Bravo, Leonardo (1764–1812)
Bravo, Leonardo (1764–1812)
Leonardo Bravo (b. 1764; d. 14 September 1812), Mexican insurgent leader. The Chilpancingo-born patriarch of a large family, Bravo joined the insurgent movement in May 1811, along with his son Nicolás and his brothers Miguel, Víctor, and Máximo, when Hermenegildo Galeana came to his hacienda of Chichihualco. Bravo became one of José María Morelos's most distinguished officers. He played a major role, first in the fortification, and later in the defense, of Cuautla, where the insurgents, besieged by the royalists, held out for seventy-two days despite a lack of supplies. When the siege was lifted at the beginning of May 1812, Bravo traveled to the hacienda of San Gabriel, where he was captured by partisans of the colonial regime. He was taken to Mexico City, where he was tried and executed despite the efforts of his relatives, and even of Morelos, to obtain a pardon in return for the exchange of a sizable group of royalist prisoners.
See alsoMexico: 1810–1910 .
José María Miquel I Vergés, Diccionario de insurgentes (1969), 85-86.
Virginia Guedea, José María Morelos y Pavón: Cronología (1981).
Ernesto Lemoine, Morelos y la revolución de 1810 (1984).
"Bravo, Leonardo (1764–1812)." Encyclopedia of Latin American History and Culture. . Encyclopedia.com. (November 16, 2018). https://www.encyclopedia.com/humanities/encyclopedias-almanacs-transcripts-and-maps/bravo-leonardo-1764-1812
"Bravo, Leonardo (1764–1812)." Encyclopedia of Latin American History and Culture. . Retrieved November 16, 2018 from Encyclopedia.com: https://www.encyclopedia.com/humanities/encyclopedias-almanacs-transcripts-and-maps/bravo-leonardo-1764-1812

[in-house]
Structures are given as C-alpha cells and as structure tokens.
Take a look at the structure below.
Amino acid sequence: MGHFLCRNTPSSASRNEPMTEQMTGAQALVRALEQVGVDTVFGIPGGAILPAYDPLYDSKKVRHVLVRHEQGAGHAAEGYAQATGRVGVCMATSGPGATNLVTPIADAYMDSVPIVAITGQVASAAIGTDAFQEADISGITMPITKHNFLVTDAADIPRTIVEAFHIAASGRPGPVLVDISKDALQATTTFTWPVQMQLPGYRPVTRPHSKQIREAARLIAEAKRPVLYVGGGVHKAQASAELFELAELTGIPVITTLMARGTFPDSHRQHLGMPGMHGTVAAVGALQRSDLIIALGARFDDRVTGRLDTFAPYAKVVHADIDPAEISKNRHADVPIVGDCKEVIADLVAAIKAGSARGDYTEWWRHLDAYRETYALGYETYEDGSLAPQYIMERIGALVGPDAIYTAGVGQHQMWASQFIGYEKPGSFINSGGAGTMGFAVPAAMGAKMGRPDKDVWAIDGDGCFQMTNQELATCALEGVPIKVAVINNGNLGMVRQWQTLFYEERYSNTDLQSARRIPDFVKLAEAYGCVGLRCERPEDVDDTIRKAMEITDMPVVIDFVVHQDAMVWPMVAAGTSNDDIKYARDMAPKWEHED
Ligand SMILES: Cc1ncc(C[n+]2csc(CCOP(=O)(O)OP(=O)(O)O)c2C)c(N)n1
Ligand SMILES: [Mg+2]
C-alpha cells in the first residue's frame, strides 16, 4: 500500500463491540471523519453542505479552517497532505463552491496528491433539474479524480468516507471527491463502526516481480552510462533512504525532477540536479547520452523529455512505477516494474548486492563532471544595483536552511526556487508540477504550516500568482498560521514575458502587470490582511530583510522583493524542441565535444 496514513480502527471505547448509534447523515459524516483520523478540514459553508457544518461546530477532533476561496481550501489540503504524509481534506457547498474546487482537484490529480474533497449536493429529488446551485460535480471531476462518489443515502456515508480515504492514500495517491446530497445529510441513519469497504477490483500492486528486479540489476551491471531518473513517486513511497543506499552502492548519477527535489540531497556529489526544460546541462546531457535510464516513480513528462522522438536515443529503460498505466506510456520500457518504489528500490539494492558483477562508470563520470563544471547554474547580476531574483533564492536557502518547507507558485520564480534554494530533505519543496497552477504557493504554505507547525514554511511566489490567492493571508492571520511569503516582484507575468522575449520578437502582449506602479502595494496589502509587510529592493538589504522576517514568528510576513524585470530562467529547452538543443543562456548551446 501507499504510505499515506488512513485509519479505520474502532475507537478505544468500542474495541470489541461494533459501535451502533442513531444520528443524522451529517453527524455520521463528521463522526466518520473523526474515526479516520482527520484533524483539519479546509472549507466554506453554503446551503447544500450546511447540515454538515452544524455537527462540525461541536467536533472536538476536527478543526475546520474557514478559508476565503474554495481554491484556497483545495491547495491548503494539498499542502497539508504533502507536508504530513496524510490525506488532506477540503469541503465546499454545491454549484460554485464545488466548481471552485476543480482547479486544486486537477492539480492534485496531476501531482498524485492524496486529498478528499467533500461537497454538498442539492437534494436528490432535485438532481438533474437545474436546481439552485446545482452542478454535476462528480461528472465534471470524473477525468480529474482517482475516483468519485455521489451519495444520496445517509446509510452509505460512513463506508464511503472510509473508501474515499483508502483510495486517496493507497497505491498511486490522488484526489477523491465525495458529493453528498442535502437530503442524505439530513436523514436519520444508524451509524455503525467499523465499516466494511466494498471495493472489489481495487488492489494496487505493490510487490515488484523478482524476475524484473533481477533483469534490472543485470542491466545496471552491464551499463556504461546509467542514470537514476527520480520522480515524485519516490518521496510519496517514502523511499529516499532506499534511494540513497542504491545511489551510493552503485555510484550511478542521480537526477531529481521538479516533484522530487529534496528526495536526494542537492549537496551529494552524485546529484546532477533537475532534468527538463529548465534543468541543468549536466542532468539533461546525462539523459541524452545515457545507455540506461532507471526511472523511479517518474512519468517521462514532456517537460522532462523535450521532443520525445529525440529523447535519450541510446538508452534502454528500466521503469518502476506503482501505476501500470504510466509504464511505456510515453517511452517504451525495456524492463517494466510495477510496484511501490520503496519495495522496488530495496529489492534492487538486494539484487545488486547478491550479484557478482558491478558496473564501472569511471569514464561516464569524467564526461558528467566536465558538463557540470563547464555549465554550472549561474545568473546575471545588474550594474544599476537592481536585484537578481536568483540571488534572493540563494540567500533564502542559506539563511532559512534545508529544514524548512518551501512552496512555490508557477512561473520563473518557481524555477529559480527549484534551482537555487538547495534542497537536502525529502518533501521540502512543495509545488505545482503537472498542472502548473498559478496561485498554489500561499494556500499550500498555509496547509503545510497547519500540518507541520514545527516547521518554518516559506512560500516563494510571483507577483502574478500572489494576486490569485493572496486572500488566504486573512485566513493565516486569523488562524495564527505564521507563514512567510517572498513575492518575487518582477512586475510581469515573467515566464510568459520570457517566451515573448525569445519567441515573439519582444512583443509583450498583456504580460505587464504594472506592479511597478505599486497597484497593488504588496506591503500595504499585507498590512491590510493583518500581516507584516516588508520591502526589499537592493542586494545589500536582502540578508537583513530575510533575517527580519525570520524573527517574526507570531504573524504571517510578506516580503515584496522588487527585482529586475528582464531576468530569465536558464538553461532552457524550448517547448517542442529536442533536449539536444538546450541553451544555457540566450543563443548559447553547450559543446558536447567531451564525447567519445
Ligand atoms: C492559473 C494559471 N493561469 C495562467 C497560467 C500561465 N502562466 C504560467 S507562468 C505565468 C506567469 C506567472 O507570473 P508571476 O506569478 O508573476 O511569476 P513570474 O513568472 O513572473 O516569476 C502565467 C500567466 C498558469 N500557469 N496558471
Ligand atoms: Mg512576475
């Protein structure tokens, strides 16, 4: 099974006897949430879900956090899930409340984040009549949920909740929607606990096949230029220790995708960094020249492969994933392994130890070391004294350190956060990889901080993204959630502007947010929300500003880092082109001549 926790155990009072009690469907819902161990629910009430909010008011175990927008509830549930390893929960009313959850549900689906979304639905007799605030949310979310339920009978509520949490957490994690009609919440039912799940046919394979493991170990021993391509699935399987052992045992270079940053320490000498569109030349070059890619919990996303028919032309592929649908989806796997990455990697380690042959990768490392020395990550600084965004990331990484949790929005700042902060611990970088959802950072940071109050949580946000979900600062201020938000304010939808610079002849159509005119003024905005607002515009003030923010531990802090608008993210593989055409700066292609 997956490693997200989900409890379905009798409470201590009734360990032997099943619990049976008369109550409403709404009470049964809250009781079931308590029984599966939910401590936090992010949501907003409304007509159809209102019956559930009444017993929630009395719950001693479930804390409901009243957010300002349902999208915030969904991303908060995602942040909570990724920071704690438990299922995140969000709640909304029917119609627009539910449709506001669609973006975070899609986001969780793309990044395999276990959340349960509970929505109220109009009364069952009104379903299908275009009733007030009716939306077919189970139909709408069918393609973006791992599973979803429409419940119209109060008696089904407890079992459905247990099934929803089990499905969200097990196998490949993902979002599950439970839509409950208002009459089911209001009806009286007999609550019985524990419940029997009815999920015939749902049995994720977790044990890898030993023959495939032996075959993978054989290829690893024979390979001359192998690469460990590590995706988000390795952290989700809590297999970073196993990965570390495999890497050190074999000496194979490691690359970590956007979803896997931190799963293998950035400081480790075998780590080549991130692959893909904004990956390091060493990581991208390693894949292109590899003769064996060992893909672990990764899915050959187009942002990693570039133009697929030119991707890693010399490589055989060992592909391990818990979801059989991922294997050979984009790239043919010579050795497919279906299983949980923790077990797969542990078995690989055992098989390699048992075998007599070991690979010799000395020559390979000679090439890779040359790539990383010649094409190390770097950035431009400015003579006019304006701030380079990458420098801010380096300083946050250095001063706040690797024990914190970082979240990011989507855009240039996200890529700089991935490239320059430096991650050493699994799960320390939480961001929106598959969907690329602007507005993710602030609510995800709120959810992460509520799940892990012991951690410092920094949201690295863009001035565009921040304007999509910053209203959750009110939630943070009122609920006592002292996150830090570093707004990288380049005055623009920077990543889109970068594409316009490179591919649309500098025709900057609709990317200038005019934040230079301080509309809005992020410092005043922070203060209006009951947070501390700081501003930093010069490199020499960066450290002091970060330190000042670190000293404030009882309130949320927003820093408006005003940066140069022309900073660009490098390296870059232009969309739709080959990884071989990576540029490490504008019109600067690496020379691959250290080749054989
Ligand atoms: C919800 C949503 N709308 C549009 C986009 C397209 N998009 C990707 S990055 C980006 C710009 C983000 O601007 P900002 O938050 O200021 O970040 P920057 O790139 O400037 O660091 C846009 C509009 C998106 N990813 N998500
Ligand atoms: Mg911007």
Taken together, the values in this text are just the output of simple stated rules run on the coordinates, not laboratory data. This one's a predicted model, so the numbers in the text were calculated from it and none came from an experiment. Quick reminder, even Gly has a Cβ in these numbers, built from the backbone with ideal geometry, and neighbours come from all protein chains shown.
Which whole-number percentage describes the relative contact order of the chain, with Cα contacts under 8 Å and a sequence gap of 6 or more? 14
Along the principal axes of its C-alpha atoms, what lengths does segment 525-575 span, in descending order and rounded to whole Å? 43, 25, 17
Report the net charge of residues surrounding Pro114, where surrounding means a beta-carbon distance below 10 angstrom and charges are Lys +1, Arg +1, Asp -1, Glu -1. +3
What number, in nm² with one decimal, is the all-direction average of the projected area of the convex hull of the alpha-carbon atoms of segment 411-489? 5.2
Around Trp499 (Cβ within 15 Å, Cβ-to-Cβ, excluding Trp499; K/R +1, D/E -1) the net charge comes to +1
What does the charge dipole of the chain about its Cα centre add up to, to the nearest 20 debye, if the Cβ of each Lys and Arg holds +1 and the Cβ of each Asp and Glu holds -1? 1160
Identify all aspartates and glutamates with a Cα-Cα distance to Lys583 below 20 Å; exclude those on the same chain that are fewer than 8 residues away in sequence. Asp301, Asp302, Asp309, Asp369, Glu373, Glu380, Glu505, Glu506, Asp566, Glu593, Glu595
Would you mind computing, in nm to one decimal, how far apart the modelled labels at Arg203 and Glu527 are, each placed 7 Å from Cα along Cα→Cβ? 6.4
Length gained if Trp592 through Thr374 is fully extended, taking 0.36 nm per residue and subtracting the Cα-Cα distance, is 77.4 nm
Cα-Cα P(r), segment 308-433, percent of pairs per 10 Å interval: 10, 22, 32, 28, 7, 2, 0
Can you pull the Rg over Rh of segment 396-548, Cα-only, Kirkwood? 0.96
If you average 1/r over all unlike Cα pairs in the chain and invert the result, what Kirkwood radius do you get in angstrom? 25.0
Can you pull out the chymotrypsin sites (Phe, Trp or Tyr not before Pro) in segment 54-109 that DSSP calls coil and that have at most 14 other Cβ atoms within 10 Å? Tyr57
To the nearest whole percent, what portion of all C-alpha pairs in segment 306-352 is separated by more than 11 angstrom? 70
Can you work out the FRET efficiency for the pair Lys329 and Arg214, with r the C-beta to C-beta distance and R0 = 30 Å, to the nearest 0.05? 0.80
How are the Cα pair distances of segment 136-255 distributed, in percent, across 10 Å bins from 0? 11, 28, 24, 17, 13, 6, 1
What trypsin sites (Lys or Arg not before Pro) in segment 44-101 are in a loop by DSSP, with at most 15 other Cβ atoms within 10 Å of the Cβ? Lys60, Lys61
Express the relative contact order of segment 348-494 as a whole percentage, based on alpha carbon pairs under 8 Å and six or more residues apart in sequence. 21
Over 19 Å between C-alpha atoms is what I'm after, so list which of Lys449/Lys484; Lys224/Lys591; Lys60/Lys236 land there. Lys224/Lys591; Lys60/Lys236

Encyclopedia.com gives you the ability to cite reference entries and articles according to common styles from the Modern Language Association (MLA), The Chicago Manual of Style, and the American Psychological Association (APA).
Within the “Cite this article” tool, pick a style to see how all available information looks when formatted according to that style. Then, copy and paste the text into your bibliography or works cited list.
Because each style has its own formatting nuances that evolve over time and not all information is available for every reference entry or article, Encyclopedia.com cannot guarantee each citation it generates. Therefore, it’s best to use Encyclopedia.com citations as a starting point before checking the style against your school or publication’s requirements and the most-recent information available at these sites:
Modern Language Association
The Chicago Manual of Style
American Psychological Association
- Most online reference entries and articles do not have page numbers. Therefore, that information is unavailable for most Encyclopedia.com content. However, the date of retrieval is often important. Refer to each style’s convention regarding the best way to format page numbers and retrieval dates.
- In addition to the MLA, Chicago, and APA styles, your school, university, publication, or institution may have its own requirements for citations. Therefore, be sure to refer to those guidelines when editing your bibliography or works cited list.